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St Ann’s Allotments: a piece of green in the city

27th Ebrill 2020

by Richard Jinman

Senior Creative Editor

Wanda Mayer in her "haven" at the St Ann's Allotments, Nottingham, England

When Wanda Mayer feels depressed or anxious she knows it’s time to visit the place she calls her “haven” – an allotment just 1.5 kilometres from Nottingham’s city centre.

“I can be really down, but if I come up here and do something my mood changes,” she says. “My mum has to push me to come sometimes, but it always helps.”

Wanda’s sanctuary is part of St Ann’s Allotments, a 75-acre site believed to be the largest inner-city allotments in Western Europe. Unlike more conventional allotments the plots at St Ann’s are large – about 420 square metres on average – and hidden away behind high hedges and walls.

The quiet seclusion of Wanda’s patch of land is one of the reasons she loves it. “It allows me to socialise, but to do it on my terms,” she says. “Rather than an open allotment it gives you a private space. For the first three years I only talked to a couple of people, but now I bump into other gardeners and chat to them.”

Now, in her fifth growing year, her confidence and self-esteem is blooming alongside her vegetables, fruit and herbs. Her Instagram account, Wanda’s Allotment Haven, is attracting a growing audience and her neighbours in St Ann’s are benefitting from a steady supply of fresh produce. The runner beans are particularly popular and a newly arrived African family has asked her for pumpkin leaves.

“I live right in the middle of St Ann’s where everyone’s out in their gardens and there’s ten different types of music being played,” she says. “Here it’s calm and peaceful. It gives me something to look forward to.”

A greenhouse at the St Ann's Allotments, Nottingham, England

About 560 of the 670 plots at St Ann’s are let to gardeners, the rest are considered unlettable or given over to nature as designated wildlife spaces. More than 40 species of birds have been spotted on the site as well as newts, bats, foxes and voles.

As well as gardeners, the allotments attract architecture students thanks to the collection of 19th century summerhouses, sheds and glasshouses scattered across the site. The buildings are a reminder that the land was once home to Victorian pleasure gardens where Nottingham’s middle classes would grow roses and sip tea.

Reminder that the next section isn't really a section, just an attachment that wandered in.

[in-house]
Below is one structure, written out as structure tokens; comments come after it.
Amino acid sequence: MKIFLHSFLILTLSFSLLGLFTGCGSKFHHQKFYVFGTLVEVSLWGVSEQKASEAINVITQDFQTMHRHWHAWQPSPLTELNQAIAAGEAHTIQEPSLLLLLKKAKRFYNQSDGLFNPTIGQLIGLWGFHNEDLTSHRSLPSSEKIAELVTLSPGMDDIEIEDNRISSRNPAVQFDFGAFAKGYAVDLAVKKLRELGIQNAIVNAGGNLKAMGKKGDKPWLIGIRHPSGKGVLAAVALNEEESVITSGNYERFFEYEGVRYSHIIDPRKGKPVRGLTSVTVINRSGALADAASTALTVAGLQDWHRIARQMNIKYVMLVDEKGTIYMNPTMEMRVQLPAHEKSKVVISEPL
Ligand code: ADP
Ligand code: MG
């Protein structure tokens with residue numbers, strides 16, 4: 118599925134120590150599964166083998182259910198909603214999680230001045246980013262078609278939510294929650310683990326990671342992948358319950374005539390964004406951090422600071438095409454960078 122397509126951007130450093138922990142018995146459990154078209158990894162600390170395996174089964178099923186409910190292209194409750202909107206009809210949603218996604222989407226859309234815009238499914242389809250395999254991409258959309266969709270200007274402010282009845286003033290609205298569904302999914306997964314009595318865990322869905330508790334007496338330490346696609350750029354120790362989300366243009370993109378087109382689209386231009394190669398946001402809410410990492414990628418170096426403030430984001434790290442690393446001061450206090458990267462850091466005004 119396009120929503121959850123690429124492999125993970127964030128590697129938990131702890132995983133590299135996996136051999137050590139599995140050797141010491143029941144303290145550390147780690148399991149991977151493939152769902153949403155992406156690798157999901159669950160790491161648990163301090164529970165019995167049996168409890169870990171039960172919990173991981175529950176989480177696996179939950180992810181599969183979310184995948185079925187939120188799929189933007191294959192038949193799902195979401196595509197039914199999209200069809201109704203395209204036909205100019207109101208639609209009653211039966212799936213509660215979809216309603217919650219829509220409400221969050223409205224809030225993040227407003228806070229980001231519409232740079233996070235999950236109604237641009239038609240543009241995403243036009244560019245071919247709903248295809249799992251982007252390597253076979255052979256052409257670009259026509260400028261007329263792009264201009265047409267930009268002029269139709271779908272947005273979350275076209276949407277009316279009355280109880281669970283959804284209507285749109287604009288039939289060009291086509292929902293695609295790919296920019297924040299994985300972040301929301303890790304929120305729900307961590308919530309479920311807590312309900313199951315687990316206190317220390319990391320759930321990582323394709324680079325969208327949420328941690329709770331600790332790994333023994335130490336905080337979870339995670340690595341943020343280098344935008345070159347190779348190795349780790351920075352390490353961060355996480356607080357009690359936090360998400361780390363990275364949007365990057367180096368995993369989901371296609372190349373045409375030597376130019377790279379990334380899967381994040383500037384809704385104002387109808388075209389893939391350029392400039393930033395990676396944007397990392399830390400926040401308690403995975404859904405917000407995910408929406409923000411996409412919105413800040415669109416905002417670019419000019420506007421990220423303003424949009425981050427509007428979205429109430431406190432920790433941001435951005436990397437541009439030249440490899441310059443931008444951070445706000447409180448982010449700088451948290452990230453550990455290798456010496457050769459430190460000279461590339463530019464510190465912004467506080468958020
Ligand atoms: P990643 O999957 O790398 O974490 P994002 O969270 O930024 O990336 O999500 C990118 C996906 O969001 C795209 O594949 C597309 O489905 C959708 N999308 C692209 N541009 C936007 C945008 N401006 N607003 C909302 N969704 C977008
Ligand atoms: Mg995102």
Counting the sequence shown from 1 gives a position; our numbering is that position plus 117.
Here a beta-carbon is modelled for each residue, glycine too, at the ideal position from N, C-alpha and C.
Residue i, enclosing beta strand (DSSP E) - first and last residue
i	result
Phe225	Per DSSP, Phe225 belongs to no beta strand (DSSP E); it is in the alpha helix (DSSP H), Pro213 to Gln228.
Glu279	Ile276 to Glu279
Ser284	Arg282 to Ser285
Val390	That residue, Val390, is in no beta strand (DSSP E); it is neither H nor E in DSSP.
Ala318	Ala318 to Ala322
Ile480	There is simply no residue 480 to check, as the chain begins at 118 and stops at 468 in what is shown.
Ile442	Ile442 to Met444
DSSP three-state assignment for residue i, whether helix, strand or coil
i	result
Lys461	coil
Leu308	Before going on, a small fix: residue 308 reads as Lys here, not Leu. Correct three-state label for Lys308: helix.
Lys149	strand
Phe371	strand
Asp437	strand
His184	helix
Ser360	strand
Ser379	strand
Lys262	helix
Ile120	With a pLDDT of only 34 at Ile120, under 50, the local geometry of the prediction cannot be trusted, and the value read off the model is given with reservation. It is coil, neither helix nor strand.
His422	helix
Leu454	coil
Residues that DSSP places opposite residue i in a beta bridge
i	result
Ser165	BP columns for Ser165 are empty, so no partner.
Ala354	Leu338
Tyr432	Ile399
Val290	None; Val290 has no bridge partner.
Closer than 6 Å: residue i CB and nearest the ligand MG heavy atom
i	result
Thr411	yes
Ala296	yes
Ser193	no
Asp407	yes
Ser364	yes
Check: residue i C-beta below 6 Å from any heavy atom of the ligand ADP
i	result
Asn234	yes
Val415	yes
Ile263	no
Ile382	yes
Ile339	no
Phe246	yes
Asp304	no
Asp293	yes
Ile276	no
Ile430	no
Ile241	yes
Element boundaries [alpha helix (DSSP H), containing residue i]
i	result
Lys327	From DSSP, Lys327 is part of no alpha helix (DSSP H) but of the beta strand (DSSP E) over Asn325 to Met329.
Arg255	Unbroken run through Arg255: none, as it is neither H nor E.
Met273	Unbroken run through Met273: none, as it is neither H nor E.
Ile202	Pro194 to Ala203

The fact that the St Ann’s allotments are thriving is partly due to funding from The National Lottery. Thirty years ago they were almost derelict. Fly tippers used the site to dump everything from old fridges to toxic chemicals and the bunch of hardy gardeners who continued to grow food there often felt unsafe.

Site and Tenancy Manager Nicola Hinton says a consortium called the Renewal Trust was formed in 2000 with the aim of conserving and restoring the site. “They started doing research in to the site and realised there is an incredible history here,” she says. “It’s a special place.”

In 2008, the Renewal Trust was awarded $4.5m by The National Lottery Heritage Fund and a massive restoration project got underway. Fourteen hedge-lined avenues and several car parks were built to allow gardeners to move across the vast site. A borehole was sunk to replace the mains water supply, some of the more significant heritage buildings were restored and the site’s security was upgraded with fencing and electric gates.

Since The National Lottery’s first draw took place on 19 November 1994, more than £40 billion has been raised for good causes in the areas of arts, sport, heritage and community.

Artist Valerie Turton at the St Ann's Allotments, Nottingham, England

“£4.5m is a lot of money,” says Nicola. “But if you looked at pictures of the site before restoration you’d realise the extraordinary amount of work that has gone into it.”

As well as the plots used by gardeners, St Ann’s is home to six community gardens and an orchard where visitors can tend plants or simply enjoy a green space.

Artist Valerie Turton has had an allotment at St Ann’s for just over three years. She has built a small studio on her plot and shares the space with other artists who make work or simply enjoy sitting in the shade of a tree and chatting. She describes the allotments as a “unique place – mostly because of the people and the history”.

Valerie says she was quickly embraced by the St Ann’s community of gardeners – “honest, good people who will do what they need to help you. People are very generous with their knowledge.”

The long waiting list for a St Ann’s allotment is evidence the restoration has been a huge success, says Nicola. But the Renewal Trust knows it cannot afford to be complacent about the future. A new project that aims to protect and enhance the work done to date is being funded by a £67,300 grant from The National Lottery Heritage Fund.

Wanda can’t imagine relinquishing her ‘haven’. “Just putting my name down on the list for an allotment was quite a big step for me - I asked my niece to come with me because it was a big deal,” she says. “But I’m so glad I did.”

The view from the St Ann's Allotments, Nottingham, England